Geography is the study of places and the relationships between people and their environments. The following dozen facts reveal how fascinating our world is as we discover unusual information about its geography.
As the largest country in the world, Russia spans 11 time zones. At one end we can be sipping coffee at 7 a.m. while at the other enjoying a Vodka martini at 6 p.m.
Vatican City — the ecclesiastical capital and home to the biggest church in the world — covers just over 100 acres (one-eighth the size of Central Park), making it the smallest country in the world.
China, the third-largest country in terms of area, shares the same number of land neighbours as Russia: 14. Bordering China are India, Pakistan, Afghanistan, Tajikistan, Kyrgyzstan, Kazakhstan, Mongolia, Russia, North Korea, Vietnam, Laos, Myanmar, Bhutan, and Nepal.
Africa is the only continent that covers four hemispheres.
As its own continent and completely surrounded by water, Australia might seem to be the country with the longest coastline. However, that honour goes to Canada, with 152,100 miles of coastline, compared to Australia’s modest 16,000 miles. In fact, Australia ranks seventh on the list of the world’s longest coastlines, after Indonesia, Greenland, Russia, Philippines, and Japan.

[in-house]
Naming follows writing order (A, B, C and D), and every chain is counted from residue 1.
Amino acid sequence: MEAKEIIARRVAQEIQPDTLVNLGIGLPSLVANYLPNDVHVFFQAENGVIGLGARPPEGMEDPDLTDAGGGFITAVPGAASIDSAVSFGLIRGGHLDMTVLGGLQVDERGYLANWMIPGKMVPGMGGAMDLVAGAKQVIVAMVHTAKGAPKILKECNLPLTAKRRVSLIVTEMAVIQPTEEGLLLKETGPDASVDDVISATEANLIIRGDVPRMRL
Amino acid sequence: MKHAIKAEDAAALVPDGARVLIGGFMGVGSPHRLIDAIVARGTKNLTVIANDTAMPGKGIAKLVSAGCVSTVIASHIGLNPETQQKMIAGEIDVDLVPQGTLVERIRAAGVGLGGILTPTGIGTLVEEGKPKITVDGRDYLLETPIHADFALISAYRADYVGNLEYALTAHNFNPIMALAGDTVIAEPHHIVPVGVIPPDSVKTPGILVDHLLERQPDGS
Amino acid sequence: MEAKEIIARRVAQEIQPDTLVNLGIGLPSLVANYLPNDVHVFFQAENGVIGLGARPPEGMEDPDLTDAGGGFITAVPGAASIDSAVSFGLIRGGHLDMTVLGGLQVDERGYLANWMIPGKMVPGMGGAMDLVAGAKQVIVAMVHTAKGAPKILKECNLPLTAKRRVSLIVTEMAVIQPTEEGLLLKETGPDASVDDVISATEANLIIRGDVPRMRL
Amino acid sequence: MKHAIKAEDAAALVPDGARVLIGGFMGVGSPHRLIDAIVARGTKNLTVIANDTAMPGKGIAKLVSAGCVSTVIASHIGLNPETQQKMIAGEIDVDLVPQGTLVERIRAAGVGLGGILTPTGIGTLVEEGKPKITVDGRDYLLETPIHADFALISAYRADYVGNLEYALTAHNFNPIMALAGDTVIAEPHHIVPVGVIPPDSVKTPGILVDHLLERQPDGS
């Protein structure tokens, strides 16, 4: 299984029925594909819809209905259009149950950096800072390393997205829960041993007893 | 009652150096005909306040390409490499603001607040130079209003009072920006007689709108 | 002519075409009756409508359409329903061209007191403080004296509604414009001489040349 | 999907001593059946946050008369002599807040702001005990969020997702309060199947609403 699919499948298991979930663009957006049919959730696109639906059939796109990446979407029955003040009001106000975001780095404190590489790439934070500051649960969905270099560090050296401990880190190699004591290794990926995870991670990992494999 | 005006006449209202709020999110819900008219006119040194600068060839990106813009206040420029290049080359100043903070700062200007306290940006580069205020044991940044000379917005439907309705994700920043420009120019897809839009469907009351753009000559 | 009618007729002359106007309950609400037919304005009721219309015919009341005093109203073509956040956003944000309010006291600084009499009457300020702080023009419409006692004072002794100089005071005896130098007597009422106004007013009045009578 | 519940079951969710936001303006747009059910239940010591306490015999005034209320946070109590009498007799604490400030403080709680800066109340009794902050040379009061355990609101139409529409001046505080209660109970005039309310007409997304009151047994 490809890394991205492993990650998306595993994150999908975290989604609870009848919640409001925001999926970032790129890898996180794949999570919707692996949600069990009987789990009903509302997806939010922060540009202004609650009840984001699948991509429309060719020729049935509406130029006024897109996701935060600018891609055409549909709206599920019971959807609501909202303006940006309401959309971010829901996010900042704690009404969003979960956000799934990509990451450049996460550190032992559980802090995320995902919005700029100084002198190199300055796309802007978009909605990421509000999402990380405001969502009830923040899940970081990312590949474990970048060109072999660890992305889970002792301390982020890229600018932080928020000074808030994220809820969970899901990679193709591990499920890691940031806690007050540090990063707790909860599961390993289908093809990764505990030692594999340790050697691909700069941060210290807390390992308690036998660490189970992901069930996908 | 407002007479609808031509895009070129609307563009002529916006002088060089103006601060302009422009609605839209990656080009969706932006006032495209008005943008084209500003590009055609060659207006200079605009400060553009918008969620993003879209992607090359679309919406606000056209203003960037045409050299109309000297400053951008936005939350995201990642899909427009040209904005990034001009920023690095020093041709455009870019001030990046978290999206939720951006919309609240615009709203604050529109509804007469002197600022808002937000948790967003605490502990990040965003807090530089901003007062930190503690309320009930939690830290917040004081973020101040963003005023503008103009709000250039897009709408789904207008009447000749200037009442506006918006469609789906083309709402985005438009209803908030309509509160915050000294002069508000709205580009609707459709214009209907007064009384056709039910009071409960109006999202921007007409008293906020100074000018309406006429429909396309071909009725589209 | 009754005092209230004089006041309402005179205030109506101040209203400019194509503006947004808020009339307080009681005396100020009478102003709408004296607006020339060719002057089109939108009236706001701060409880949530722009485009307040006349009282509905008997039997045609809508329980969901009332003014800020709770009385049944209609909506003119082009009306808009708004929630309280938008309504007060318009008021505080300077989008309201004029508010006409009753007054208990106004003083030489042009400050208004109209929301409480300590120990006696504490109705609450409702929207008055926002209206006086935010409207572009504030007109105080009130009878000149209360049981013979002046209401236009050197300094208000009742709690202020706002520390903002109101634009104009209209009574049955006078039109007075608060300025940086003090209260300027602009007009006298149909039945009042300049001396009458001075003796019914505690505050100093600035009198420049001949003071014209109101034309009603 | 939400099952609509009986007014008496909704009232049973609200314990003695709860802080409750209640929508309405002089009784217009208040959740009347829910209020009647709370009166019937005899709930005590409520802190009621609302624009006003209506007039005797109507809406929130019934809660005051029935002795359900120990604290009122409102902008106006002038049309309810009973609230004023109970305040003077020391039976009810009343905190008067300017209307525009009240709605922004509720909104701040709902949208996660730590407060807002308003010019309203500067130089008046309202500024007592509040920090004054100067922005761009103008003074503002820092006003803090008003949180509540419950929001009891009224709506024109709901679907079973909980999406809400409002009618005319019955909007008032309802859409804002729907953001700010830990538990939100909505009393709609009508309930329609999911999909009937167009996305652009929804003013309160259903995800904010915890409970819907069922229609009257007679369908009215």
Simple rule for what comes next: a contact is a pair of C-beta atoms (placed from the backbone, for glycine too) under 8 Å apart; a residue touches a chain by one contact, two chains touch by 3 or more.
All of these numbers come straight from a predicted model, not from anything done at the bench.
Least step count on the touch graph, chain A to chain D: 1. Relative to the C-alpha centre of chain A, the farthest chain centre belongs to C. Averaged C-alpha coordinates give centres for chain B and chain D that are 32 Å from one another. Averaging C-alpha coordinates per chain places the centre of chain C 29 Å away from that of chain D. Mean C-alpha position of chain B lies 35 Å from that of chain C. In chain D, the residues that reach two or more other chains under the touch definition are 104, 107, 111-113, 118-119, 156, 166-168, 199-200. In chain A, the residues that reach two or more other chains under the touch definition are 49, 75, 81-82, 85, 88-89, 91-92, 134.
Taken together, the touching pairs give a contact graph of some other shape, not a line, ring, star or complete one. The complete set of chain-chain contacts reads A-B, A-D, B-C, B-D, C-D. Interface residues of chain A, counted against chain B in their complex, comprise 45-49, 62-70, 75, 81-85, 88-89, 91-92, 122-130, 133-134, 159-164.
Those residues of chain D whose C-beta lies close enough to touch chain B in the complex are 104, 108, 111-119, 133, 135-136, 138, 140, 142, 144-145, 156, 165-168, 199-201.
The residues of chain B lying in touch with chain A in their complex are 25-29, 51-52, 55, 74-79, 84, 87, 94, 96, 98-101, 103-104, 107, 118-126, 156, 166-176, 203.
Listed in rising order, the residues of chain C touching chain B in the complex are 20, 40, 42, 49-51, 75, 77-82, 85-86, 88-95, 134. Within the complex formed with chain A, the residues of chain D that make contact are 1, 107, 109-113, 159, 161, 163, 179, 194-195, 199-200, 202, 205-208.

Beluga whales patrol Arctic and sub-Arctic waters above the 50th parallel. Northern Manitoba’s Hudson Bay coastline is home to the world’s largest population of beluga whales. More than 57,000 gather in the region between mid-June to mid-September.
Next to Warsaw, Chicago has the largest Polish population in the world.
In 1950 Canada and the U.S. jointly opened a weather station in Alert. Located in Nunavut Territory (established in 1999), Canada, Alert is the northern most permanently inhabited settlement in the world.
In the 1920s a journalist covering the horse races in New York City overheard stable hands say they were going to work at the event in “The Big Apple.” This name got picked up after the writer used it in a a newspaper column. Another theory says touring jazz musicians in the 1930s called towns and cities “apples.” To play New York City meant to play the big time, hence they called it “The Big Apple.” Whatever the origin of the City’s nickname, a tourist campaign in the 1970s immortalized it.
Mount Everest is called the world’s highest mountain because it has the highest elevation above sea level. It also claims the highest altitude with its peak 8,850 m (29,035 ft) above sea level. No other mountain on Earth has a higher altitude. However, some mountains might be considered taller (with taller being the total vertical distance between their base and their summit).
Despite being in Nevada and nearly 300 miles from the Pacific Ocean, Reno is roughly 86 miles farther west than the coastal city of Los Angeles.
Vulcan Point in the Philippines is the world’s largest island that’s within a lake, on an island that’s within a lake, on an island. The most bizarre fact, perhaps? •
P.S. Please share your favourite facts about our wondrous world in the comments below.